From the article: “The “Dear Orlando” photo series, released today on the one-year anniversary of the Pulse nightclub shooting, features survivors, family members, and first responders giving their own accounts of what happened, and how their lives have changed in the wake of that night.” While looking through this photo essay I took some time to reflect on the state of LGBTQ rights, especially for people of color, and what needs to be done in the continuous fight for equality/equity.
50 years. It’s sometimes hard for me to grasp that my mother is older than the decision that overturned the anti-miscegenation laws in the United States and made interracial marriage legal. Things like this serve as a reminder to me that many of our most significant cultural changes are still quite young. Check the article for a brief history of the Loving v Virginia case and a few images of the photo essay The Lovings: An Intimate Portrait by Grey Villet.
That’s all for this week! Are there any other recent articles that you think are worth a read?
Until next time…
Flatulence, and fistulas, and fecal matter – Oh my! Last week I read Gulp by Mary Roach, a novel looking at the science of the alimentary canal (aka, the digestive tract). I’ve wanted to read Gulp since seeing her interview on The Daily Show with Jon Stewart years ago […]
For once in my life, I am thankful for targeted advertising on a social media website. While scrolling through Tumblr, an advertisement showed up on my feed for the Hollywood Fringe Festival 2017. Immediately I got excited and my day improved by 1000%. You may be wondering, what’s a fringe festival? Well, I’m glad you asked!
A fringe festival is an annual, open access festival that invites the local community to experience and participate in freedom of expression and collaboration in the performing arts community. At a fringe, you can find comedy, acrobatics, musical performances, theater, and other forms of performing art that you may not see in mainstream arts society. Yeah, some of it may be weird but that’s what you go for.
The most famous (and the original) of the fringes is the Edinburgh Festival Fringe. You can check out their page to learn how a group of post-WWII festival crashers came to create one of the most highly regarded performance festivals in the world. I am fortunate enough to know a group of physical theatre students at LSU who performed in Edinburgh back in 2014 with their piece Origin and got to see a part of it performed at an on-campus research conference. Fringe festivals have got some really great stuff.
Hollywood Fringe Festival 2017
Now that I’ve hopefully drawn you in, let’s talk about the Hollywood Fringe. This year, the festival officially runs from June 8-25th. There are previews of some Fringe shows happening from June 1-6th, and there’s a big opening night party on June 7th.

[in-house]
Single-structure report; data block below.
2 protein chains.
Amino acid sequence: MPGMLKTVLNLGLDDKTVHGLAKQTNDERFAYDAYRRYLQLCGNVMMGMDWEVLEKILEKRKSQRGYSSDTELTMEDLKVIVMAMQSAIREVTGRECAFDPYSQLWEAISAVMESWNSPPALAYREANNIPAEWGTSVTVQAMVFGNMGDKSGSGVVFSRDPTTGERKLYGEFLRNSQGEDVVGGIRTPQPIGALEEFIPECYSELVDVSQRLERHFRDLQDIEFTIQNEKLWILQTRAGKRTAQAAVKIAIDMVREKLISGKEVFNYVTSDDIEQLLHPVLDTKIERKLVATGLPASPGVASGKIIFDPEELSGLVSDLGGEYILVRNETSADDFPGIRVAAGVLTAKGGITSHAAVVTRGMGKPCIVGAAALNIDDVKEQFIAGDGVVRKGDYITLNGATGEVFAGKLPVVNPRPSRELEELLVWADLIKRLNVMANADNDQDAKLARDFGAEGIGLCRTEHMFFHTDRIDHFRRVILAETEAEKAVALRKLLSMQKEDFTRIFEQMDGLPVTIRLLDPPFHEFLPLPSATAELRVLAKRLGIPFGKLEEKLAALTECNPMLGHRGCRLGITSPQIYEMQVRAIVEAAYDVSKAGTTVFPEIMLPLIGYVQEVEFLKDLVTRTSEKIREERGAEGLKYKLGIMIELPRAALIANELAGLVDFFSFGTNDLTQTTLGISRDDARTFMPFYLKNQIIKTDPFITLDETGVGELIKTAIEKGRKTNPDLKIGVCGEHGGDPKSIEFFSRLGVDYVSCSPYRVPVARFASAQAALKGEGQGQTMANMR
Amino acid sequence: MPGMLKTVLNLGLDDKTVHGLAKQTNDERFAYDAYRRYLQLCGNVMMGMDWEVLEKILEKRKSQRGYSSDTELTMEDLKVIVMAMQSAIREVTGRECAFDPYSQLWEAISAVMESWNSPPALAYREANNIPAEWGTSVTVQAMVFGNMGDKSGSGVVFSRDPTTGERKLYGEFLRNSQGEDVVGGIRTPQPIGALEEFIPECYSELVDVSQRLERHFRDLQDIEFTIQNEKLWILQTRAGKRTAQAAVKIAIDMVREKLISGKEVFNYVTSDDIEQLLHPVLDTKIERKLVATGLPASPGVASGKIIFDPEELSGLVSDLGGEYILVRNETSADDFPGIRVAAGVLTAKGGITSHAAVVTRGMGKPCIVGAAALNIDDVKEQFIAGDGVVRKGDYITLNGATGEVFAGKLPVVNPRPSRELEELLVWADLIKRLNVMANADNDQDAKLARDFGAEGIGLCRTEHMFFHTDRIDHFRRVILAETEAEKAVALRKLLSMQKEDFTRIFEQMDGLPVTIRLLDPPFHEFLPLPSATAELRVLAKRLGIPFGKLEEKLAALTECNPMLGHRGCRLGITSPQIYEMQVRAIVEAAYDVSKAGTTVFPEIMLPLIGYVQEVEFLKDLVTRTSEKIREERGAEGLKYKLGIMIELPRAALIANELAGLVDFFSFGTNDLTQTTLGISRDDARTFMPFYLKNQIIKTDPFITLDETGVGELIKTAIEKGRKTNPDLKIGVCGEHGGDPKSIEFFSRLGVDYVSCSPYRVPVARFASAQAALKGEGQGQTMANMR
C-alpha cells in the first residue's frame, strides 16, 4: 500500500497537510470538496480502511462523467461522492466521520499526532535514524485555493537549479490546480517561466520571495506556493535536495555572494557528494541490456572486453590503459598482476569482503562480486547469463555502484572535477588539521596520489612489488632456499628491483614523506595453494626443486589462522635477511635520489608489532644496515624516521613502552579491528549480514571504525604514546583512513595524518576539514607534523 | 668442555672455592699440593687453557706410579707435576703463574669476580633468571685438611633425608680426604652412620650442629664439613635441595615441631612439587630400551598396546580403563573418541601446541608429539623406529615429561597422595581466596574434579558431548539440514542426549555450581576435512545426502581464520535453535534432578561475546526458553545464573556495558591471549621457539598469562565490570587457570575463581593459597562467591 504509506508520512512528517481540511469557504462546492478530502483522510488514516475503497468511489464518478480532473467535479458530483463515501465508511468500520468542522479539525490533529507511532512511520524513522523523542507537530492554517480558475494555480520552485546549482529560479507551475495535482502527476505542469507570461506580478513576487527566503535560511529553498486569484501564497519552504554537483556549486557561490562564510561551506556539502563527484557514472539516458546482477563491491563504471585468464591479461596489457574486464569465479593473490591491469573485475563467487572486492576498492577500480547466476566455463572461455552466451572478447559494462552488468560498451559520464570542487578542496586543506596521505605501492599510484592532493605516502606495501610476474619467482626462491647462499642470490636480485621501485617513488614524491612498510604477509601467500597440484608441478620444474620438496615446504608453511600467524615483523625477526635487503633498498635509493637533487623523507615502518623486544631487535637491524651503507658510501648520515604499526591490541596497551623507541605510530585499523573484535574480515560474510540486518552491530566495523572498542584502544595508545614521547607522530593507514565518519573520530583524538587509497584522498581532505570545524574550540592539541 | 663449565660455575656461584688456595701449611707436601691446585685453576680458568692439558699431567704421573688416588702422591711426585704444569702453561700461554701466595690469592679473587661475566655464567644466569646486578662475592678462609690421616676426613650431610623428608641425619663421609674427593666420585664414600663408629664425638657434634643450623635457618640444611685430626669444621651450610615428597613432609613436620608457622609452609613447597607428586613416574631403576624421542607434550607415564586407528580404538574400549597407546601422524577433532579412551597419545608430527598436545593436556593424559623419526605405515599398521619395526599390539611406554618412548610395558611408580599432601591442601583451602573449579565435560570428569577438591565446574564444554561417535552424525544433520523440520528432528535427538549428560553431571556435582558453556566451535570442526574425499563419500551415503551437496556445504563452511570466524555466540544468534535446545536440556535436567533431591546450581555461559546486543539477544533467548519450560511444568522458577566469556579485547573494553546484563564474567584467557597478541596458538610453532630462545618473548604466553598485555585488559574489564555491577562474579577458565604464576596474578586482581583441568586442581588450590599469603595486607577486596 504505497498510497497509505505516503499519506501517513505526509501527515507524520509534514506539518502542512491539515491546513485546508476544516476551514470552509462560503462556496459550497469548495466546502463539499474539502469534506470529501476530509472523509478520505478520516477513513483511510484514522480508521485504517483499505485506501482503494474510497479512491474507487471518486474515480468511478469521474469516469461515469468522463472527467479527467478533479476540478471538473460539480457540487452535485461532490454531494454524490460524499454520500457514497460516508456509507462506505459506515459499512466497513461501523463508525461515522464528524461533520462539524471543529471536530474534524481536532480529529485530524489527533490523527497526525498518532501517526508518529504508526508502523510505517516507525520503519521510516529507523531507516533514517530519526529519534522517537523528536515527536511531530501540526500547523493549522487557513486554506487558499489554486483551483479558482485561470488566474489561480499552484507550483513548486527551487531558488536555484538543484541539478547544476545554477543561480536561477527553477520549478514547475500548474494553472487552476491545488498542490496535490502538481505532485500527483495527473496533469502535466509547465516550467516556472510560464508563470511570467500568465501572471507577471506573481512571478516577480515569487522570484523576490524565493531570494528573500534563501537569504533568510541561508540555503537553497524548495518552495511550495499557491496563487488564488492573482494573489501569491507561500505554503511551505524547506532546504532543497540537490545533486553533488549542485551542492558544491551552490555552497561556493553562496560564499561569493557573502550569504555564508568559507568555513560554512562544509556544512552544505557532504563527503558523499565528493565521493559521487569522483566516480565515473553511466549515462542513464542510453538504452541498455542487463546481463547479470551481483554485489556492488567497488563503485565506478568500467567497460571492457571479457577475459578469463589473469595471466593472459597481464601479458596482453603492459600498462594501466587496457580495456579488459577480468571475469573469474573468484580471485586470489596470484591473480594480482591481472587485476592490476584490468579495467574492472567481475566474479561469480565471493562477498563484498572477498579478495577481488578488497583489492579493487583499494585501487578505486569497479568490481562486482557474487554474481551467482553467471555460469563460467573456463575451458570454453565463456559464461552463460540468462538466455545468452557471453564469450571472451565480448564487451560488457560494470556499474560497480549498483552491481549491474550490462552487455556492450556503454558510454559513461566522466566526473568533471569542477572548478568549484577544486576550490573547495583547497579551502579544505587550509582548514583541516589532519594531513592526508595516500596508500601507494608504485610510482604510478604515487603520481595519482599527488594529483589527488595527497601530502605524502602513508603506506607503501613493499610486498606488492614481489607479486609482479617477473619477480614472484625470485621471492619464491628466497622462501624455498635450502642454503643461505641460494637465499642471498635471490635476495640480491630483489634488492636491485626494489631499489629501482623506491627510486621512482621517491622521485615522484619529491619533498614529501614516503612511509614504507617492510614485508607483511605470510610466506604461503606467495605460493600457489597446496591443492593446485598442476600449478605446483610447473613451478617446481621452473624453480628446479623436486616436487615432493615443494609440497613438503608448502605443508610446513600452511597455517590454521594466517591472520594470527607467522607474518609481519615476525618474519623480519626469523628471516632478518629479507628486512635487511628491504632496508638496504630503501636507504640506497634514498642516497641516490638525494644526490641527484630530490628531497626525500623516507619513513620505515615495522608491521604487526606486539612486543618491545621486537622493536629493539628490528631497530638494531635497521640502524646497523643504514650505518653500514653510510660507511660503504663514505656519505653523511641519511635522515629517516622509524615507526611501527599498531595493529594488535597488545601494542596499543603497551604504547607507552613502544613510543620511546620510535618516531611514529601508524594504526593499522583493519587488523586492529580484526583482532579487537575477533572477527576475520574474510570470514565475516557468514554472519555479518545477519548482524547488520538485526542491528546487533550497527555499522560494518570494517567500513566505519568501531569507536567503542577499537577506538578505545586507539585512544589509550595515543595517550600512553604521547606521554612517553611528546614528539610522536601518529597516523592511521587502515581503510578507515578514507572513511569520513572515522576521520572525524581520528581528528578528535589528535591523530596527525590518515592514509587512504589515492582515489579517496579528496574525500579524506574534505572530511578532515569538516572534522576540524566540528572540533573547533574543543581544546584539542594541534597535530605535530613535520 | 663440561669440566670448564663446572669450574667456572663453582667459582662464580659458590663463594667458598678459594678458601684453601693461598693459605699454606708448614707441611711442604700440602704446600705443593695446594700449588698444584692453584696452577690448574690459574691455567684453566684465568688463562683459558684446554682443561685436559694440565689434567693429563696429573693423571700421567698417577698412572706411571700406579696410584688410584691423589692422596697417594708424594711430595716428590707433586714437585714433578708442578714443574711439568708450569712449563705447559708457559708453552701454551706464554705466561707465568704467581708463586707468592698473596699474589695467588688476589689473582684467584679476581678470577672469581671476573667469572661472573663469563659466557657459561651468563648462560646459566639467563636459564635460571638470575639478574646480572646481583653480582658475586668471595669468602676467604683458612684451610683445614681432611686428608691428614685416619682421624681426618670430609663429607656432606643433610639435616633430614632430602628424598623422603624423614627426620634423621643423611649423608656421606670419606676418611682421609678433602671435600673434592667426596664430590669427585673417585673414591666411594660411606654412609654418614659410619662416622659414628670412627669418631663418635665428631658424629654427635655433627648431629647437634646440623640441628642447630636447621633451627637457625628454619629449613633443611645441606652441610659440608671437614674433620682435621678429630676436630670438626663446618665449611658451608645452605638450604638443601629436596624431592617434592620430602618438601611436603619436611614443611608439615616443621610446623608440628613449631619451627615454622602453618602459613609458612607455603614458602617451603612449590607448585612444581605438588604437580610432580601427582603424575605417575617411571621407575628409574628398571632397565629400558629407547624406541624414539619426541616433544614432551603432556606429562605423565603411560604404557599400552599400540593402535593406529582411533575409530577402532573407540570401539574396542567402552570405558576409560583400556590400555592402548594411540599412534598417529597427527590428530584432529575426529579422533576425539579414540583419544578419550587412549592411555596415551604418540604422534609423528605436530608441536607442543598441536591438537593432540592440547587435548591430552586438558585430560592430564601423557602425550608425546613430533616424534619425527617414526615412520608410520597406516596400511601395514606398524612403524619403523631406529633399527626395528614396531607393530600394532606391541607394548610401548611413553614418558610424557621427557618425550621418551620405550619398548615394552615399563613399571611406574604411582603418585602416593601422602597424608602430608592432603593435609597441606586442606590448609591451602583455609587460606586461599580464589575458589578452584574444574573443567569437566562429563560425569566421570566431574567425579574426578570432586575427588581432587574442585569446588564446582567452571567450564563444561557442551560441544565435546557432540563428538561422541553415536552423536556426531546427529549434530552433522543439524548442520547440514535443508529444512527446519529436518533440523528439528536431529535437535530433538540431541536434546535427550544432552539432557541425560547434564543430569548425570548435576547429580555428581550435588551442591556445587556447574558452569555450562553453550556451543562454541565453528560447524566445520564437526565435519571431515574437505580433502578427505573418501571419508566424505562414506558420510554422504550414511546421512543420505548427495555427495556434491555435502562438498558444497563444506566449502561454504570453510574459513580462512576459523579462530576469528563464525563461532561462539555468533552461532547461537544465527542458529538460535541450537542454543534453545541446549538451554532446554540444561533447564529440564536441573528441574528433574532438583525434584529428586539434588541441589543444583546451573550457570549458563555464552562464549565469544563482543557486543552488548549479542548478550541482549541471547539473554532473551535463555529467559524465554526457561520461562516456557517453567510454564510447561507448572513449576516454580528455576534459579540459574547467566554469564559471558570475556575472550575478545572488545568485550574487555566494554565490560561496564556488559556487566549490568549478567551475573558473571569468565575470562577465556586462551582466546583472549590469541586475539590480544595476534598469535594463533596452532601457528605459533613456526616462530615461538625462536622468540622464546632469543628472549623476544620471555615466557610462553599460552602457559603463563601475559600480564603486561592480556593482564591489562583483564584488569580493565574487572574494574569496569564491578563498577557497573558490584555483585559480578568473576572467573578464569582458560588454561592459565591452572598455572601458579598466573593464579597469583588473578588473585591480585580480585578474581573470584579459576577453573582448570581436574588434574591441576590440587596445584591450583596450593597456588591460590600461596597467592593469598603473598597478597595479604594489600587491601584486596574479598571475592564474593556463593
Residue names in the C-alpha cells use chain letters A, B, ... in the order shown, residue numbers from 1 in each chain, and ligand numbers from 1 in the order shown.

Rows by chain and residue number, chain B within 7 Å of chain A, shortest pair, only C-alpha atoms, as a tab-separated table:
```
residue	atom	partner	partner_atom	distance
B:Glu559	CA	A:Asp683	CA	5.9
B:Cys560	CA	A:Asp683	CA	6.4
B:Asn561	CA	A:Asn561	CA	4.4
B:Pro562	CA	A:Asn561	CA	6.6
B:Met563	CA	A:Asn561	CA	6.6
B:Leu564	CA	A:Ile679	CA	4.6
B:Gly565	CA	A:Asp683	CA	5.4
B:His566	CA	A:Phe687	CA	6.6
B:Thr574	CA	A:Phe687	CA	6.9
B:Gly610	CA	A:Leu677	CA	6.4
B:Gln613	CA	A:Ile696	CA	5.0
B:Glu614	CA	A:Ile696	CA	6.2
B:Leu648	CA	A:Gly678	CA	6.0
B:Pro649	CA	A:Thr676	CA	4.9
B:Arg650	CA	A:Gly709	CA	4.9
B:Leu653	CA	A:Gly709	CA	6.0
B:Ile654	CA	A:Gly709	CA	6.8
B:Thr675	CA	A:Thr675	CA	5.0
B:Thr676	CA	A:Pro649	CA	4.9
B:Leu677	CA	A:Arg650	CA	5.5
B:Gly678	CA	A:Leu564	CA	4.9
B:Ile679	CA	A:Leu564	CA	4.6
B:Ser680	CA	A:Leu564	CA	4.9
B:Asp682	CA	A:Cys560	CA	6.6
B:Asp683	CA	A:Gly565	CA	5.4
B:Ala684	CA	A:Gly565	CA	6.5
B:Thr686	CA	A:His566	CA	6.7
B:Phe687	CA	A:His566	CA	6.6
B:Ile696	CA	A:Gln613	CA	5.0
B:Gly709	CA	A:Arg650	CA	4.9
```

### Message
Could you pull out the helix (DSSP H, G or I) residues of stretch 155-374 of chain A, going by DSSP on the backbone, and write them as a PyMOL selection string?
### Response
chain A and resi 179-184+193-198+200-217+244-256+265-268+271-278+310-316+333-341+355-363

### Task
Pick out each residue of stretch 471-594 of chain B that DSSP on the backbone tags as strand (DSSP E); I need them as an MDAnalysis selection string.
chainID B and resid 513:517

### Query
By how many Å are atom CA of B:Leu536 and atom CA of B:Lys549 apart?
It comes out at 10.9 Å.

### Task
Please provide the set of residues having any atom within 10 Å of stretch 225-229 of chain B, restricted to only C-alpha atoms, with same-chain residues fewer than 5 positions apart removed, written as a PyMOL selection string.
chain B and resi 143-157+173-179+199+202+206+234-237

A tip: going to the website itself is going to be the best way figure out what’s going on. There’s going to be multiple performances going on simultaneously in different venues. Because of this, it may be overwhelming to dive into a fringe without some kind of plan.
I haven’t looked at the entire schedule yet, but there are some shows that look promising. Take, for example, Buffy Kills Edward: A Musical Romp. It’s an musical AU where the characters of Buffy the Vampire Slayer are introduced to the characters of Twilight. Need I say more? Paul Yen’s Secret Identity Crisis reimagines iconic superheroes to examine the history of Asians in America. And if you’re looking for something a bit more existential, Void is a story of two sisters debating the pros and cons of cryogenic freezing to avoid death, if only for a while.
If you happen to not be in the Hollywood area, do not fret! There are fringes around you (hopefully)! If you don’t know how to find one, ask your artsy/circus performer friend and they might know.
See you there!
Earlier this year I came across the 2014 game Never Alone (Kisima Inŋitchuŋa) produced by Upper One Games- the first indigenous-owned commercial game company in the United States. That day, I entered a stream of the game in progress on Twitch and had no idea what was going […]
Welcome to the first What I Read This Week Roundup! If you were looking for something interesting to read, you have come to the right place! Below are some articles that I found worth my time this week. My Family’s Slave Writer Alex Tizon recalls life […]
Some of you already know what this post is referring to. If you don’t, check out this terribly written piece made viral on LinkedIn about some guy who brags about failing all of his classes for a semester and dropping out of the University of Maryland two weeks before graduation, even though he was Valedictorian of the University with a GPA of 3.94.